4) RufusT then comes up with yet another reason to doubt prima facie the validity of any Israeli investigation; he argues: “several of Israel’s current and former leaders have been subject to criminal investigation for their personal behaviour (including rape and serious fraud, ongoing in the case of Lieberman) so to imagine that such individuals could initiate any meaningful judicial proceedings is naive to say the least.” Mhm, so RufusT (and Matt Seaton) somehow worry that it would be up to former President Moshe Katsav – who has been out of office for more than two years and is currently standing trial – to launch an investigation??? That’s a most bizarre notion, but perhaps they are a bit confused because they are simply so shocked, shocked!!! by the various corruption allegations against a number of Israeli politicians – after all, such behavior is unheard of in jolly good old England. Don’t we all know that Westminster is squeaky clean?!? Yeah, there was this major expense scandal that dominated the British media for weeks just a short while ago, in early summer, and lots of MPs resigned or were sacked or sent into early retirement, but so what, the issue here is Israel!!!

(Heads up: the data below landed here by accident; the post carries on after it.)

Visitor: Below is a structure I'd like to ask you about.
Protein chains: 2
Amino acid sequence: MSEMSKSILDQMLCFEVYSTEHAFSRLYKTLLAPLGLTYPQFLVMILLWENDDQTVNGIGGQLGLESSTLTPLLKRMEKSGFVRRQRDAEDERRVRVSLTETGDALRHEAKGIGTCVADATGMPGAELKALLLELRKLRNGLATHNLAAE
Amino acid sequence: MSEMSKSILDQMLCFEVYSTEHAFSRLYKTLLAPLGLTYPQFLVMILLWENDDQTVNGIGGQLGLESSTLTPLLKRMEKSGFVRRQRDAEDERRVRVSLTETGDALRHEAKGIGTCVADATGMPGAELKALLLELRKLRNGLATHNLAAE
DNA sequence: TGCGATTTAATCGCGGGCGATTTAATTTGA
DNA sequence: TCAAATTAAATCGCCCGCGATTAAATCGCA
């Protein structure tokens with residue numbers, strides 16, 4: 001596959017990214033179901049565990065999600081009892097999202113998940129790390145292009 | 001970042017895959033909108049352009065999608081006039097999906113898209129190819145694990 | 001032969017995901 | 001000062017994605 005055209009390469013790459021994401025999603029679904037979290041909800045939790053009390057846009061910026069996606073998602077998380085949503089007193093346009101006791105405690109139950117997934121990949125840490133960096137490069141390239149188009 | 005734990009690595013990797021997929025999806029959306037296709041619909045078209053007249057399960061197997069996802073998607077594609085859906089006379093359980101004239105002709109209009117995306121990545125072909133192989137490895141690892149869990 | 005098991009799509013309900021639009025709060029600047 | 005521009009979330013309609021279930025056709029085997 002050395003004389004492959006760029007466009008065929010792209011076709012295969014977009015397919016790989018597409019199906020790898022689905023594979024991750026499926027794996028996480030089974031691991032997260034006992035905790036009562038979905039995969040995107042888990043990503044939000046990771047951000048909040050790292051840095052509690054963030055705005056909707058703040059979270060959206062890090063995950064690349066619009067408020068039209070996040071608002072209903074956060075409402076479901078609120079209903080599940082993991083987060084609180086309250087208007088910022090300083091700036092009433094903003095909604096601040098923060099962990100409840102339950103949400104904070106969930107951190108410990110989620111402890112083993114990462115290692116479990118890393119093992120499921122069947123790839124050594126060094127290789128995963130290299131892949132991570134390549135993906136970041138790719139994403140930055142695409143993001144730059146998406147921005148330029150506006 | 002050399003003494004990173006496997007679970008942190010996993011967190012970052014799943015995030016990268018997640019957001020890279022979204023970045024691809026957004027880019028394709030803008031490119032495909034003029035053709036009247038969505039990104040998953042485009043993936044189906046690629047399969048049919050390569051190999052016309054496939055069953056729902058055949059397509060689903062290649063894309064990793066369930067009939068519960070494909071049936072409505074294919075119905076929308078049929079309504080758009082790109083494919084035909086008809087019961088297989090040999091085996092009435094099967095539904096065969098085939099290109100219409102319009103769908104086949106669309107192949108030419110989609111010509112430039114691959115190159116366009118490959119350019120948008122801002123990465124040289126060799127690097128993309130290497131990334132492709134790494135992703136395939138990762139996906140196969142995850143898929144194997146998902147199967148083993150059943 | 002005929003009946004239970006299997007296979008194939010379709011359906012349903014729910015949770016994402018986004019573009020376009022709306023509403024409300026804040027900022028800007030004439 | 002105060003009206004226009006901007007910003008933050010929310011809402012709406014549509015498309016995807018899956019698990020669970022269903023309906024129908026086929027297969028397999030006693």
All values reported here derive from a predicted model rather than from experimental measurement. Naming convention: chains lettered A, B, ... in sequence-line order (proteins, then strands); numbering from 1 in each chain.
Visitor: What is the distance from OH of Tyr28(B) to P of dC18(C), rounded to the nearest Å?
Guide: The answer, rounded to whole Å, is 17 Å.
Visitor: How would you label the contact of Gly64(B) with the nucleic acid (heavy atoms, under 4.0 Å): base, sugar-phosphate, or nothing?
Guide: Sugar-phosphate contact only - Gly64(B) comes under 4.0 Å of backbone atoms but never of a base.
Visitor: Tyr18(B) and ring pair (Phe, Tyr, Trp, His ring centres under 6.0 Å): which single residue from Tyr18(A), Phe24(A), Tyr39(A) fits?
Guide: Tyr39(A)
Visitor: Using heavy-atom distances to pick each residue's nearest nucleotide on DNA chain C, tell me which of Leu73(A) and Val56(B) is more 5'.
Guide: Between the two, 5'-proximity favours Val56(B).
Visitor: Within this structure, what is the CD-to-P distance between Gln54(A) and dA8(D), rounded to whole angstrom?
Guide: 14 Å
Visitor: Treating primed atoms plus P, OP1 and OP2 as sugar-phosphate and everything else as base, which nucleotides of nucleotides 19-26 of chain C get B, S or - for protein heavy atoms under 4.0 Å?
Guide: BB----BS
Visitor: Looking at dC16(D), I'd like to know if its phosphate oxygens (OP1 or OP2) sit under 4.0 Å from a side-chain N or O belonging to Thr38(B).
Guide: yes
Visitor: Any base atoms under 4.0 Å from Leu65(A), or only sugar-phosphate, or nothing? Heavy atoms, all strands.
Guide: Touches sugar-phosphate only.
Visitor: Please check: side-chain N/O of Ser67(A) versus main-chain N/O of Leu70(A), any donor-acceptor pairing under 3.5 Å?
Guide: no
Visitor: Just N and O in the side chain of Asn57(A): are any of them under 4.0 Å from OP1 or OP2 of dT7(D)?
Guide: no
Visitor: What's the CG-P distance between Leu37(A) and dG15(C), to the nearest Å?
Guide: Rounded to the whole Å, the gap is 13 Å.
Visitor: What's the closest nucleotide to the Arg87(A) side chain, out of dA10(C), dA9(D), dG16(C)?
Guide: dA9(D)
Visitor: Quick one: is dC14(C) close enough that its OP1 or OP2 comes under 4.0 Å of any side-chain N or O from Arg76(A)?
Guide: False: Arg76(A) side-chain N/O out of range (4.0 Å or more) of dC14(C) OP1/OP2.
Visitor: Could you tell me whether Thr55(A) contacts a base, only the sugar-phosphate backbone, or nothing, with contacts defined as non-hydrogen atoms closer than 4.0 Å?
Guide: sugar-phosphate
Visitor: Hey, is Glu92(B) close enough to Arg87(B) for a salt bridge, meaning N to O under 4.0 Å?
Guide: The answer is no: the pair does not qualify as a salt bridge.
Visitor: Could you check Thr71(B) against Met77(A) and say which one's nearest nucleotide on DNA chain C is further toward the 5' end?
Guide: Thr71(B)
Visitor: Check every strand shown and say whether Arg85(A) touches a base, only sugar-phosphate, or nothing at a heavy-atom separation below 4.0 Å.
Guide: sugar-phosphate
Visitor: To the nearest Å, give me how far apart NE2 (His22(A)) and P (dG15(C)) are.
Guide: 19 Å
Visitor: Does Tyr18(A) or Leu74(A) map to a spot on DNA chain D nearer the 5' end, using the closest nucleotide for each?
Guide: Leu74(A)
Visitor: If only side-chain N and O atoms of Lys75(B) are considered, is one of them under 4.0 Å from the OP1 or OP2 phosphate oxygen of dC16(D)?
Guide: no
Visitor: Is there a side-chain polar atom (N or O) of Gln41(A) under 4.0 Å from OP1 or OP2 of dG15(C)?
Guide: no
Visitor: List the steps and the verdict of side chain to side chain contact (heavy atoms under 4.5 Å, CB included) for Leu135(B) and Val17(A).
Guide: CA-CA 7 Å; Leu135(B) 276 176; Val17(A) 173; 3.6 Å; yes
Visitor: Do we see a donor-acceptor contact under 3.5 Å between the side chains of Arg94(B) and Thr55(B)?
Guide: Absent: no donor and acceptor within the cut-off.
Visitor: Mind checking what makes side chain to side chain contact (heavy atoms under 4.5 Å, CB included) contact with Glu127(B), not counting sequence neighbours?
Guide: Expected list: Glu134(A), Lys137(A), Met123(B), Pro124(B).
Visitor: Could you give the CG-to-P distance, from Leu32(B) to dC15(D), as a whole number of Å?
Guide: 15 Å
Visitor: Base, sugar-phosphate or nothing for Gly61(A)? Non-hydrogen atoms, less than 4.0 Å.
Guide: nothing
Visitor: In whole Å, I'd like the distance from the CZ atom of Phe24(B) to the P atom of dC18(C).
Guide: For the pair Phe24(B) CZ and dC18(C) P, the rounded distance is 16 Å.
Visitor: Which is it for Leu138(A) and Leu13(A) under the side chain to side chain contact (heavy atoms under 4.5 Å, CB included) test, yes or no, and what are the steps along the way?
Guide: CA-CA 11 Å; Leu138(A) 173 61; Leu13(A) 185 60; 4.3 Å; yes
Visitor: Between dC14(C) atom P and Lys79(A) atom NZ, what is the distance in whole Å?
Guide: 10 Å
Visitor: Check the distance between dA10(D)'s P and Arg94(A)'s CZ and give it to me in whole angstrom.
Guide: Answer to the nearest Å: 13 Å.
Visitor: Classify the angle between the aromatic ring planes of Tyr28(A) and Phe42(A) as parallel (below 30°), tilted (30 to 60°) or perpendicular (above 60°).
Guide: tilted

5) OK, back to RufusT, who concludes his post by echoing Daniel Levy: “occupation corrupts and the profound corruption of Israeli society […] and politics since 1967 is way too far gone to be healed internally.” Well, yes, if Daniel Levy says that the Jewish state is sick, severely sick, then who is RufusT (or Matt Seaton) to disagree?
Time now to look at what Matt Seaton has to add to this post that he praises so warmly.